Whichever option you decide you want, you will receive a two-month subscription free if you commit to the year-long package, that is. Both the large and the medium business schemes will give you access to an account manager. 

Other features are also part of what UserWay has to offer, such as: 

  • White label – Removal of UserWay logo
  • Customizable branding 
  • User stats – To figure out what features are the most well-represented
  • The Modification page – Where reordering or disabling features from the accessibility menu is possible

Each one of these costs at least $10/pm.

Now that we have gotten through UserWay and what they offer, it’s time for the dissection of Interactive Accessibility. 

Unfortunately, we can not provide any information on this since Interactive Accessibility provides only fully customized subscription plans, according to individual needs. You may request a quote here.

Now it is time to move on to the compliance part of this review. 

Compliance at UserWay and Interactive Accessibility

Being up to regulations when it comes to compliance is vital in the Accessibility industry. That is something of which UserWay is very proud because they claim on their homepage that they have “the strongest legal mitigation for ADA accessibility and compliance” in the whole business. 

A bold claim, no doubt, but one that is backed up by the evidence. They are, as they say, fully and constantly up to date with both ADA and WCAG 2.1 compliance, even though these requirements are sometimes nation-specific.

If you wonder why compliance is so crucial, it will shield your company from potential accessibility-specific lawsuits. The user testimonials included on UserWay.org, the company’s proprietary website, also corroborate that the service is top-notch and that it takes care of clients’ compliance requirements to the fullest of their abilities, with many lawsuits having been put down thanks to UserWays’ compliance regulations. 

Now, to Interactive Accessibility. Well, like their competitors, they are also fully compliant with ADA, Section 508, and WCAG 2.0 compliance requirements, so there are no worries about either company. The testimonies of users are positive on their website, so we are pretty much stuck in a dead-lock when the question “Whose compliance is superior?” arises.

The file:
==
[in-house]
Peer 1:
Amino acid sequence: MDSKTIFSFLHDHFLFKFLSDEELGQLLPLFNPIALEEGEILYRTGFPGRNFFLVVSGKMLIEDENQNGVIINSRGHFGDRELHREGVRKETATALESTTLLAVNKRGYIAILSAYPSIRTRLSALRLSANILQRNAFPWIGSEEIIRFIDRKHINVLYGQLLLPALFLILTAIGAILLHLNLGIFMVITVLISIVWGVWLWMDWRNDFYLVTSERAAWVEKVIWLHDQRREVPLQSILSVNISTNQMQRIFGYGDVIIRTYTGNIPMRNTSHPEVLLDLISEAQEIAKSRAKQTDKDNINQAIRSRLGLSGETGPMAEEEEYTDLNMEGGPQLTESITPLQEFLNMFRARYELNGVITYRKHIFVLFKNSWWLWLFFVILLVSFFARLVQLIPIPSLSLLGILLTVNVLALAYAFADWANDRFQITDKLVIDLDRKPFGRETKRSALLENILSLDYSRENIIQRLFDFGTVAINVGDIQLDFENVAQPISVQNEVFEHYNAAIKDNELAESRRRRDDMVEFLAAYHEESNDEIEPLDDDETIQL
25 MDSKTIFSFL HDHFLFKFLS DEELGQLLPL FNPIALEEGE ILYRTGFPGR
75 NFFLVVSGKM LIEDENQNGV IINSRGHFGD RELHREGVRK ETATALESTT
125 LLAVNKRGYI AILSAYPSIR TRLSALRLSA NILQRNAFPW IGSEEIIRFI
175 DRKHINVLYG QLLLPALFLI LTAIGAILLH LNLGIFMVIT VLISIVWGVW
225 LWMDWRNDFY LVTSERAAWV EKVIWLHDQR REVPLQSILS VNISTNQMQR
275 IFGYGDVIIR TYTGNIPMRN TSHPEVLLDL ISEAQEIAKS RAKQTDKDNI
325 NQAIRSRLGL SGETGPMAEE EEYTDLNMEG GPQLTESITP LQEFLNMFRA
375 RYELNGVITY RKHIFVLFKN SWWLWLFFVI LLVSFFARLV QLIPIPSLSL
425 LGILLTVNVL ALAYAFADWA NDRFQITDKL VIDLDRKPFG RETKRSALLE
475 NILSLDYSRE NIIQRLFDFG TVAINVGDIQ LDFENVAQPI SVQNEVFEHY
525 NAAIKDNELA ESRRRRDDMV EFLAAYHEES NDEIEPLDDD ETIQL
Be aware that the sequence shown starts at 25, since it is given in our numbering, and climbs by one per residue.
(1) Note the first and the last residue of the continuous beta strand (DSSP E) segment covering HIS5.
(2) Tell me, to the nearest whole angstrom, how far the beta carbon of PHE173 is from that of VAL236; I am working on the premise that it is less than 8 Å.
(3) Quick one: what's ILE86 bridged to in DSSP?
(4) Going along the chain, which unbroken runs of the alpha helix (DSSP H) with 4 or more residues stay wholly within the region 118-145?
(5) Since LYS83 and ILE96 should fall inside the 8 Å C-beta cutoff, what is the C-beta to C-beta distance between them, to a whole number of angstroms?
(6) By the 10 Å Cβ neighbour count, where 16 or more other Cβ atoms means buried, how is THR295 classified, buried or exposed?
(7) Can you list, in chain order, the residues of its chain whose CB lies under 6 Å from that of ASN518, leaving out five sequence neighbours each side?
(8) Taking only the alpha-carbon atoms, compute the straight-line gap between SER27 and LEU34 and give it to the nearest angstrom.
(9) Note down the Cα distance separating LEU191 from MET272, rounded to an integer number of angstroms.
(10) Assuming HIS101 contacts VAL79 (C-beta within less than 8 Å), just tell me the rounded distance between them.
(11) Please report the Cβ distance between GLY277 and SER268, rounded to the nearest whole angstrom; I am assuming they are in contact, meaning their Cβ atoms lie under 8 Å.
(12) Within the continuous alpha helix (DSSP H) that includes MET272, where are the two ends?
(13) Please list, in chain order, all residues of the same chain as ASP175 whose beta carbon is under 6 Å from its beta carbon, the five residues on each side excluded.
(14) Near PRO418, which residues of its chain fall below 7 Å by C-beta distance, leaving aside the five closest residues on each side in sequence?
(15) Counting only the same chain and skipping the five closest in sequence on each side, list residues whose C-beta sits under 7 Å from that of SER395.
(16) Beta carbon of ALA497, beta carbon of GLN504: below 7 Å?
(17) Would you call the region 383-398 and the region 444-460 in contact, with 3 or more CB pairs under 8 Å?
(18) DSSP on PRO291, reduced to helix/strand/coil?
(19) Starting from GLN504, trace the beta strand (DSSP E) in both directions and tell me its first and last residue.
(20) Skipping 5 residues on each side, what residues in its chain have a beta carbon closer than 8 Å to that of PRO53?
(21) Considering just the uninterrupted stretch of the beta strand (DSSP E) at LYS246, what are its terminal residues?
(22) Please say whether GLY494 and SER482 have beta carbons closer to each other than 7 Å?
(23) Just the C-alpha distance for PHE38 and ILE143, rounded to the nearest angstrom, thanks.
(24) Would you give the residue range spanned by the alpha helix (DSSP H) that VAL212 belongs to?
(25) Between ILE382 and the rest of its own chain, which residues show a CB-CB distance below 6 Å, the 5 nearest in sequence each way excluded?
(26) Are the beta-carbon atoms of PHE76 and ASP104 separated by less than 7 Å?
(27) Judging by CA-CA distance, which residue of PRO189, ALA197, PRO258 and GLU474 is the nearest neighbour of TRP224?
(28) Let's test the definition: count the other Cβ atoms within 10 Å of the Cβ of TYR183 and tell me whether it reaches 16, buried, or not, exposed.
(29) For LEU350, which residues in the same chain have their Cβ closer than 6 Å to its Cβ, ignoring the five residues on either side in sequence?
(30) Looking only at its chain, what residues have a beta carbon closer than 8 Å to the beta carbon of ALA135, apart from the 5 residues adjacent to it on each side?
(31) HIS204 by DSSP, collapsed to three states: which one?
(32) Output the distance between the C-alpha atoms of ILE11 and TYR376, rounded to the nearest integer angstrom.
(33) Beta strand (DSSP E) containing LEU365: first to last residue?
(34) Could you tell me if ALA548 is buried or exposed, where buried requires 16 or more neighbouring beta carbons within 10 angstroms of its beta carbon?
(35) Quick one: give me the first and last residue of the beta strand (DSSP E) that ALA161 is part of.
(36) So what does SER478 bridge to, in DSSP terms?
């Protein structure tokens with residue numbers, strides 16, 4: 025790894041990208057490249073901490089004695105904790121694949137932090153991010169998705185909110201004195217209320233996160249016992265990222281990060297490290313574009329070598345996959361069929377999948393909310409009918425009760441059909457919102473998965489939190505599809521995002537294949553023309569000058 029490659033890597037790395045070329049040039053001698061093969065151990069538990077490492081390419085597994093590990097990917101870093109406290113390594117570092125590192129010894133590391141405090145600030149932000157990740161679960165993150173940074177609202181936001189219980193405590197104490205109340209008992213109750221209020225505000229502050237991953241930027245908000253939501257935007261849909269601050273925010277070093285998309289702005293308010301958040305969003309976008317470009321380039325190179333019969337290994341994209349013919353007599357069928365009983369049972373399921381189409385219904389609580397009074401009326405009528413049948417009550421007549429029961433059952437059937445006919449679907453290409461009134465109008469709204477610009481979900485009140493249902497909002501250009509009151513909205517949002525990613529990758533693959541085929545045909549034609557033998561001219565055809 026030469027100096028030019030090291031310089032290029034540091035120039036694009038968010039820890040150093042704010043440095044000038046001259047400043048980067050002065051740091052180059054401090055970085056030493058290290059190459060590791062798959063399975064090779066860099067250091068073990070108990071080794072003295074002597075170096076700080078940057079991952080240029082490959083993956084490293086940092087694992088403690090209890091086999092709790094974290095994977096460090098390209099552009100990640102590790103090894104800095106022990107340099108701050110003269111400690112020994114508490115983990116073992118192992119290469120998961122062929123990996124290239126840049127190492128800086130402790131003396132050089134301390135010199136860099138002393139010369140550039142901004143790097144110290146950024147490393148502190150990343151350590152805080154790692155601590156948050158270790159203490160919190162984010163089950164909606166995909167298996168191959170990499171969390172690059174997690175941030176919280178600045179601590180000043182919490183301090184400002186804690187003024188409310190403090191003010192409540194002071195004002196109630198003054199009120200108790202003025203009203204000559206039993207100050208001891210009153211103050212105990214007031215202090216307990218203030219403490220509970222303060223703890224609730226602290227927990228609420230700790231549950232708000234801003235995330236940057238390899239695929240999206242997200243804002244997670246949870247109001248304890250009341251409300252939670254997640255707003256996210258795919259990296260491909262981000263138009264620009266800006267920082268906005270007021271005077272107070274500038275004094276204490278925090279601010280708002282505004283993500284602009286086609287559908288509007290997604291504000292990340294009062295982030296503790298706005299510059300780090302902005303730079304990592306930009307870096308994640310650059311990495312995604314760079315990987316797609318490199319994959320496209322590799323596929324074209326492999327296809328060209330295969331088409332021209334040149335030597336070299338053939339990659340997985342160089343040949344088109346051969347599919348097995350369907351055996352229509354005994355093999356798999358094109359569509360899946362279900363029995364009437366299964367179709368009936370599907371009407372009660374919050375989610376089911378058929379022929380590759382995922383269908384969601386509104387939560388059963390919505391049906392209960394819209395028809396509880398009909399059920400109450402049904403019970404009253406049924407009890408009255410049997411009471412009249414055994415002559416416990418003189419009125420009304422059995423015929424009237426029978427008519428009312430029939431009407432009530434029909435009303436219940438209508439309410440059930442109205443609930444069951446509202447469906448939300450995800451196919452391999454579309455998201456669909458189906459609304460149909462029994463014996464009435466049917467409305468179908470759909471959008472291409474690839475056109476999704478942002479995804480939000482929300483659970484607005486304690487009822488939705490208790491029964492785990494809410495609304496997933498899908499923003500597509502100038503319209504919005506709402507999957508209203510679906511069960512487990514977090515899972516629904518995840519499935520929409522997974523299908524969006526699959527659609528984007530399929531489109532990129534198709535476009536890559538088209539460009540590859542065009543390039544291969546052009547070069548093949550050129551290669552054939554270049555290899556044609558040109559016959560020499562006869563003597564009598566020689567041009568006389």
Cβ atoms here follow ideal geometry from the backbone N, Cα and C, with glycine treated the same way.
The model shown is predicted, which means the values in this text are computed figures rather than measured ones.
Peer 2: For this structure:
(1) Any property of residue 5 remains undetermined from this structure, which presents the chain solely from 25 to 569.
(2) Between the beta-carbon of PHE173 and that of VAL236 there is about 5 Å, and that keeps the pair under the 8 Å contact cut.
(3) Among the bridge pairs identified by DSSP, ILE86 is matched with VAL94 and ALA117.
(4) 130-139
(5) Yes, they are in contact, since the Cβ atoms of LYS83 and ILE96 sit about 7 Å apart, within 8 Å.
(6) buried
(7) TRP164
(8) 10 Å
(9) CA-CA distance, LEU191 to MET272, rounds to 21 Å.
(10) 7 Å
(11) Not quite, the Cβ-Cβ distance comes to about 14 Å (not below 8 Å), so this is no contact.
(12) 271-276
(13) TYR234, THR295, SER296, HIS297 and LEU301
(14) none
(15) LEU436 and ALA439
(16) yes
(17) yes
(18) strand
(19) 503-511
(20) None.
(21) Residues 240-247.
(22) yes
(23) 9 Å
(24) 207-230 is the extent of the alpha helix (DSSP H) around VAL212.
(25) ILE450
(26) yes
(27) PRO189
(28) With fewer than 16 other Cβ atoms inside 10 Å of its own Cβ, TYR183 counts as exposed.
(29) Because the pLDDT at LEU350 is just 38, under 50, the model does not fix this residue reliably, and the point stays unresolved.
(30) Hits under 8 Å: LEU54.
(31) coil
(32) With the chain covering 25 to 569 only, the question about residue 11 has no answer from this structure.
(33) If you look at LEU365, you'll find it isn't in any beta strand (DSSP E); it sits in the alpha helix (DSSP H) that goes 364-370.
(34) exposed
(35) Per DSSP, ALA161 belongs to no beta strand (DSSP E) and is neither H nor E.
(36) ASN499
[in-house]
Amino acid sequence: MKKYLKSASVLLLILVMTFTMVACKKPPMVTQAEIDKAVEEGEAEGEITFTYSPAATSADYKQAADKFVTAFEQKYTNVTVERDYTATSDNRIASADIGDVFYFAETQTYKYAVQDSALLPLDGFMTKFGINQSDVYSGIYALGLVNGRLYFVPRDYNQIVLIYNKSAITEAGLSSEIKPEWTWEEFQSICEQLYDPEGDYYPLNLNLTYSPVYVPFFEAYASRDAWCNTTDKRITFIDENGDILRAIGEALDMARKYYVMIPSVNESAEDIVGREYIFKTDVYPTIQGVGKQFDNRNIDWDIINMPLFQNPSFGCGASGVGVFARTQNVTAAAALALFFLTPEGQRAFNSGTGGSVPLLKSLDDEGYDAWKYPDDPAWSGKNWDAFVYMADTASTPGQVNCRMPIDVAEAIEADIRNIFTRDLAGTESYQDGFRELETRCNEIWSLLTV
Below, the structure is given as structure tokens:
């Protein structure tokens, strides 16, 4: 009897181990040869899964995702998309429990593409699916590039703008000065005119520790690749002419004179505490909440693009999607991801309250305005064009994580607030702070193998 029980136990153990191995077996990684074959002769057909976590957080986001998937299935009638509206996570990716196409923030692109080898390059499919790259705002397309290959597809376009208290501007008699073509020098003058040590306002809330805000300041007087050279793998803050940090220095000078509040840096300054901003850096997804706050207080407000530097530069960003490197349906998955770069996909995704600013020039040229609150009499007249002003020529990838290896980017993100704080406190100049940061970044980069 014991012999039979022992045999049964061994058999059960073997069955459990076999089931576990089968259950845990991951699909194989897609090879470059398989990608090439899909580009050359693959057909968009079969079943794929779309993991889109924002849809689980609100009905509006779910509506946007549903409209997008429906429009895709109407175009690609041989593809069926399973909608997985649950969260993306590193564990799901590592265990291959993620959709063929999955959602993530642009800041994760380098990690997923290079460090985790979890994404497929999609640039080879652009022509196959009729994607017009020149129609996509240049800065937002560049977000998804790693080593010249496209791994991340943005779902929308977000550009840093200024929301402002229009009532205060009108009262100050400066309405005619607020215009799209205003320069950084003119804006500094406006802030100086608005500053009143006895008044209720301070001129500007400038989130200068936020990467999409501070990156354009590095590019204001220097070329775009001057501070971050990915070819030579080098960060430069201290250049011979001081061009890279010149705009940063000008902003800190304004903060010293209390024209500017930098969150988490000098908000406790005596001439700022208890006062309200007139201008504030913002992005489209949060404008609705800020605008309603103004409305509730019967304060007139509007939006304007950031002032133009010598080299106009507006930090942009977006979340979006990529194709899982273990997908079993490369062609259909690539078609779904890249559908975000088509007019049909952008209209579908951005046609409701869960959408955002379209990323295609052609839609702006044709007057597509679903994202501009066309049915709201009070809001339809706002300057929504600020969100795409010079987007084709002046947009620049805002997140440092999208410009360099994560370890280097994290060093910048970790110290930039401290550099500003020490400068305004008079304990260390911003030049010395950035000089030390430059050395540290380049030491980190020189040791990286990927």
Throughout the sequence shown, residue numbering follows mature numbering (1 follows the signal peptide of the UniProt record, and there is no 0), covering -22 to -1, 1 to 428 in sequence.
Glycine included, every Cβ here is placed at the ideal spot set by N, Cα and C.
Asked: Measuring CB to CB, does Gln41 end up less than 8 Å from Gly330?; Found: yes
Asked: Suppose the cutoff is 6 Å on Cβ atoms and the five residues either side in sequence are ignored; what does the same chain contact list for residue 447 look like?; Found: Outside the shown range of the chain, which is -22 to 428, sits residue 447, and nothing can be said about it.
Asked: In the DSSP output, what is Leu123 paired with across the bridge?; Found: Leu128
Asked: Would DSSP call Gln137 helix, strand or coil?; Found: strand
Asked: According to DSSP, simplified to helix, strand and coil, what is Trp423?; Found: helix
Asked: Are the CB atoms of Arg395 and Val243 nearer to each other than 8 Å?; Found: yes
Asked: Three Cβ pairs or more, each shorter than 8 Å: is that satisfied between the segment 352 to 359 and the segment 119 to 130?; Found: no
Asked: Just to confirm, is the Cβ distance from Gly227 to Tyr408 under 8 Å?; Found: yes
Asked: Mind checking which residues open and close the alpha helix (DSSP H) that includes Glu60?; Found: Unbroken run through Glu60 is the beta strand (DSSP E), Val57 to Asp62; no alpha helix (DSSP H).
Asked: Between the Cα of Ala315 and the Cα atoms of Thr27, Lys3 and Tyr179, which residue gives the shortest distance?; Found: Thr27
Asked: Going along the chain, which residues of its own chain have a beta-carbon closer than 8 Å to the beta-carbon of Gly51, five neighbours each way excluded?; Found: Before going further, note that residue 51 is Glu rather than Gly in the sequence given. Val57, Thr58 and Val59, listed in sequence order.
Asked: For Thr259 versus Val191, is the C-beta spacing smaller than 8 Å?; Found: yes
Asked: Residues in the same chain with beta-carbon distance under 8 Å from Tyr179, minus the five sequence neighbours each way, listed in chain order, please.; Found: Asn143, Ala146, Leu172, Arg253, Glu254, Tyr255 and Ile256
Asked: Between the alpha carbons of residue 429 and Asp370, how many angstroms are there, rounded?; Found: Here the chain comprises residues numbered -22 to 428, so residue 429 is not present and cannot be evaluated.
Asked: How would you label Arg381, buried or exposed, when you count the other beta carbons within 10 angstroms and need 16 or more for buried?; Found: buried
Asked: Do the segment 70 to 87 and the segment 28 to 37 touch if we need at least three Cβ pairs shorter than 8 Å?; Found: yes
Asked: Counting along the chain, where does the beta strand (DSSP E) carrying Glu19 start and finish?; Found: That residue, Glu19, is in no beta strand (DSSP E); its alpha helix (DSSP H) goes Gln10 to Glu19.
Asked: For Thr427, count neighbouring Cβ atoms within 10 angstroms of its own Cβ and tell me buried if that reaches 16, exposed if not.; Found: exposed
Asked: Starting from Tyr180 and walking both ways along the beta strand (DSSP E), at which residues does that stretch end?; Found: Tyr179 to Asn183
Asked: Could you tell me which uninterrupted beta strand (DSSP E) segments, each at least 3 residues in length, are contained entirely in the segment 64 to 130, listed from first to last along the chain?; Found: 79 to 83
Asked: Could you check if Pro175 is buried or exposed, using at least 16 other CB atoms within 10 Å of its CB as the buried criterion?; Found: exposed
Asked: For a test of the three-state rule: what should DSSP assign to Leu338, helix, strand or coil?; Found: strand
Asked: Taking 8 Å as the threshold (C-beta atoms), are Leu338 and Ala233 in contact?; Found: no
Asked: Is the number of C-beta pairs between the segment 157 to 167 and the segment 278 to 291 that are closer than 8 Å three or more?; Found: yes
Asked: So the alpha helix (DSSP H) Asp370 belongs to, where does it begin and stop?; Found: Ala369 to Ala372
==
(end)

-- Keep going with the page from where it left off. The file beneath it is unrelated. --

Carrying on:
Therefore, we will move on to Customer Support, and leave you to make up your mind yourself.

Comparing Client Care and Customer Services at Interactive Accessibility and UserWay

Let’s start with UserWay, whose client care service is, to put it mildly, not the most impressive. They barely have customer service at all, seeing as the only two ways of contacting the care staff is via a form that needs to be filled out and is not efficient at all, or through a Live Chat window. 

Their widget, however, can be personalized in a multitude of ways, with each tool being designed to promote equal-access opportunities for accessing content, no matter what disability the user suffers from. 

Interactive Accessibility, on the other hand, has a client care service that is highly promising, even if it has not been thoroughly developed as of yet. Their team might be small, but they are in the trenches with the users, guiding them step-by-step through the process and providing valuable and essential information and feedback along the way. All of this is done while complying with all the pertinent regulations is even more impressive. 

Therefore, we believe that Interactive Accessibility edges out UserWay in this particular category.

Finally, we have kept the pro and con comparison for the end. 

Comparing Interactive Accessibility and UserWay: The positives and the negatives

Finally, we are getting to the end of our review. We have chosen to end with a side-by-side comparison of some of the best and worst things about UserWay and Interactive Accessibility. We’ll start with the former:

UserWay positives:

  • An automated, top-of-the-range accessibility widget
  • Toolbars that can be customized
  • A configuration process that is quick and efficient

UserWay negatives:

  • 100% Compliance is not guaranteed
  • No customer service through the phone
  • It doesn’t resolve issues, it only points them out, so staying compliant around the clock while using UserWay is wishful thinking to say the least.
  • Since it only recommends solutions and doesn’t implement them, you will be kept busy manually handling these issues.

Those were the pros and cons of UserWay. Now, let us get into Interactive Accessibility:

Positives of Interactive Accessibility:

  • The company provides training in accessibility for your employees
  • Interactive Accessibility has plans to put policies in place that will guarantee compliance in an ongoing fashion
  • They offer automated solutions free of charge
  • A detailed, manual way of approaching accessibility 

Negatives of Interactive Accessibility:

  • Live chat is not provided
  • The statement about Conformance doesn’t apply to any pages that aren’t mentioned in the claim. 
  • Their accessibility audit can cover not all sorts of web pages.
About The Author
Best Website Accessibility Editorial Team

Our experienced editorial staff is comprised of experts and specialists in digital technology services. With our comprehensive research, we specialize in writing in-depth articles and reviews to simplify the process of choosing the right website accessibility solution for your business or private website.